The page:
U.S. Agriculture: Retail Food Prices Grew Faster Than the Prices Farmers Received for Agricultural Commodities, but Economic Research Has Not Established That Concentration Has Affected These Trends

GAO-09-746R Published: Jun 30, 2009. Publicly Released: Jul 30, 2009.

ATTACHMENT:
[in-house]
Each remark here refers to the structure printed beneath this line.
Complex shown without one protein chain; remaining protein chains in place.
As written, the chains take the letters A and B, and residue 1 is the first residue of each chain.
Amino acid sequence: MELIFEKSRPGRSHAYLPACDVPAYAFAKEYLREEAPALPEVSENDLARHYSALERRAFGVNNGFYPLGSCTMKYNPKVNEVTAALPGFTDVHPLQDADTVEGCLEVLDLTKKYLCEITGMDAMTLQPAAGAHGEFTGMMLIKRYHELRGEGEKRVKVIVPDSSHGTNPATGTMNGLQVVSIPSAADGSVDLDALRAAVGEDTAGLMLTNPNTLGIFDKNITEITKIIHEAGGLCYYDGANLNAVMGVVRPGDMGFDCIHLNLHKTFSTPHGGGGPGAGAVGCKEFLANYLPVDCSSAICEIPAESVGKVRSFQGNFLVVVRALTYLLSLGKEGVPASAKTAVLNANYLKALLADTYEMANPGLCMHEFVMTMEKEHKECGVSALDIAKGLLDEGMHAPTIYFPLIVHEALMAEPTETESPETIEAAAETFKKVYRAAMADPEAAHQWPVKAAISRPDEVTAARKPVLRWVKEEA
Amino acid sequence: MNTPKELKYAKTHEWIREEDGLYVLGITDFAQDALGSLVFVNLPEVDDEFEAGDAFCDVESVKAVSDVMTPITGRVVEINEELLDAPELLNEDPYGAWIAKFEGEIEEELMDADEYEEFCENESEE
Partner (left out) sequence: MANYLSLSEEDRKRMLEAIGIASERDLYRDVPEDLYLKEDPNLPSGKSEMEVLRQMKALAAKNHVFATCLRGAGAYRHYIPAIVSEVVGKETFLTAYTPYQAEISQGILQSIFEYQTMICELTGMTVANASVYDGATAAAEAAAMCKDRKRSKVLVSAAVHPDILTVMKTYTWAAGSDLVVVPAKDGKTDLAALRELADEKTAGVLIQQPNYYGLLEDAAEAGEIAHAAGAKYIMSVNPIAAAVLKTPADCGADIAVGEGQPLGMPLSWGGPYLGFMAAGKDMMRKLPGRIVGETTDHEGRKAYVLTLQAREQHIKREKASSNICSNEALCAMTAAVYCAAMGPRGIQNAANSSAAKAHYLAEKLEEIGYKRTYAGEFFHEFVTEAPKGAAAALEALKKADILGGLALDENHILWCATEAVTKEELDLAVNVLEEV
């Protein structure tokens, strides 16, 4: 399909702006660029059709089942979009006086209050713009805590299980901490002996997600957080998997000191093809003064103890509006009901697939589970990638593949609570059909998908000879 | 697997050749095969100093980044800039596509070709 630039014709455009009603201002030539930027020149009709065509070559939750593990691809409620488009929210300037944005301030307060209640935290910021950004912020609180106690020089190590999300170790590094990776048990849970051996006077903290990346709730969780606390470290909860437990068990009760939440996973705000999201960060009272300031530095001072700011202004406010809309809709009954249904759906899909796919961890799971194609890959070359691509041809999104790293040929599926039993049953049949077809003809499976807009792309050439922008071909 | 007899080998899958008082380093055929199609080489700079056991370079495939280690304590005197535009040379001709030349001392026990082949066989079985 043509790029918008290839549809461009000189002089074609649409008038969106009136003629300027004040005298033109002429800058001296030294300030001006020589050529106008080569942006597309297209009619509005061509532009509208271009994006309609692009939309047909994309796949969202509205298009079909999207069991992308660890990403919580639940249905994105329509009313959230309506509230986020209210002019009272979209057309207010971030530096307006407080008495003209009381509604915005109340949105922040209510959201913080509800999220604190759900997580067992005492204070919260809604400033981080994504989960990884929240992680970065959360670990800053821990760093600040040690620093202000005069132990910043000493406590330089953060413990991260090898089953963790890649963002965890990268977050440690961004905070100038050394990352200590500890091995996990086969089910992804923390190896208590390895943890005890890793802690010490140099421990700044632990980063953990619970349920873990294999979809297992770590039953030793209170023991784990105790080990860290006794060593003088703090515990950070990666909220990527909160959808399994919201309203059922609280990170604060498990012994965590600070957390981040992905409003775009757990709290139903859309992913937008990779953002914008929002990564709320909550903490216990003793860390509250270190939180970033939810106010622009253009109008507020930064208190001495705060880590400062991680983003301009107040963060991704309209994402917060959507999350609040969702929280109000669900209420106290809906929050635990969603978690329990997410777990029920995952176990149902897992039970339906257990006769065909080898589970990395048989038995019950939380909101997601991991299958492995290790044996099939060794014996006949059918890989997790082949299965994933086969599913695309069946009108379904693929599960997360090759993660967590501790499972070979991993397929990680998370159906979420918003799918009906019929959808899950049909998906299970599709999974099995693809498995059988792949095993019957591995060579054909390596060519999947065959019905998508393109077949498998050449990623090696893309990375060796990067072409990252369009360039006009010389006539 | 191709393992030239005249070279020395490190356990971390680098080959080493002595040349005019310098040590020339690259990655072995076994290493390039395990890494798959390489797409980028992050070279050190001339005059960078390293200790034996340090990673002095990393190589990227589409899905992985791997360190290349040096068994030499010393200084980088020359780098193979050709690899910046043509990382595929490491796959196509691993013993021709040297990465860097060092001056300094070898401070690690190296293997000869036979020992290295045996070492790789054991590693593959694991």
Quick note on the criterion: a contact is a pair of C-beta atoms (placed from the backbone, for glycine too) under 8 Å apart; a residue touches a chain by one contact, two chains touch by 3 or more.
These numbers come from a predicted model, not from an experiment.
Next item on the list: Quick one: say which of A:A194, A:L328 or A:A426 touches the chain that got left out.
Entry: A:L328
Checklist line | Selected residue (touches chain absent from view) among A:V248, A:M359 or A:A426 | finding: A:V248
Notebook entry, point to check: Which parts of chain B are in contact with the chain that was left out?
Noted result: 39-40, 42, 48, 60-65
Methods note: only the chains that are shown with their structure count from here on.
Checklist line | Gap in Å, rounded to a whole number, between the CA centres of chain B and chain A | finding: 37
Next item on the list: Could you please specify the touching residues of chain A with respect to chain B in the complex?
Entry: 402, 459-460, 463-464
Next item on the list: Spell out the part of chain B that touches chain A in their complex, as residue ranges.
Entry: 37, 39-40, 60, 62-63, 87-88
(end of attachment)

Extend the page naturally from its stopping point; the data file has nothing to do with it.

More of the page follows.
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Over the past 25 years, farmers have received a decreasing share of the consumer food dollar. Some analysts and farm interest groups are concerned that this decline can be attributed, in part, to increasing concentration in agriculture. They believe that firms in highly concentrated markets may be able to exert market power by raising retail food prices while also depressing prices farmers receive for agricultural commodities. Others have argued that concentration has facilitated changes, such as technological innovations, that have improved productivity and served to lower food prices while increasing some farm incomes. The influence of any one factor, such as concentration, in determining agricultural commodity and retail food prices (commodity and food prices) varies and is difficult to isolate. Our prior work has noted that concentration may be one of a number of factors that can influence prices along the food marketing chain from farms to food processors, retail stores, and finally, consumers. To better understand the impact of concentration on commodity and food prices, economists have used a variety of analytical techniques and data sets. However, their work has been complicated by various issues, such as the difficulty in fully accounting for shifting consumer demand for food products, the introduction of new processing and distribution technologies, interactions between various levels of the food marketing chain, and the evolution of agricultural and other government policies. For example, some have suggested that changes in consumer preferences, such as demand for quick, easy-to-prepare processed foods, may explain much of current trends in the declining farm share of consumer spending. Similarly, as the dairy industry has become more concentrated, it also has been affected by changes in how milk markets function. The introduction of better refrigeration, pasteurization, and packaging technologies has enabled milk to travel across broader regions. Meanwhile, changes in federal dairy policies have affected dairy farm incomes and prices. In order to isolate the effect of concentration, researchers must appropriately account for these and other factors that influence commodity and food prices. In this context, you asked us to provide information on (1) trends in concentration for various levels of the food marketing chain in major agricultural sectors; (2) trends in retail food expenditures and prices; (3) trends in prices farmers received for major agricultural commodities; and (4) the views of experts on the potential effects of concentration on agricultural commodity and food prices.

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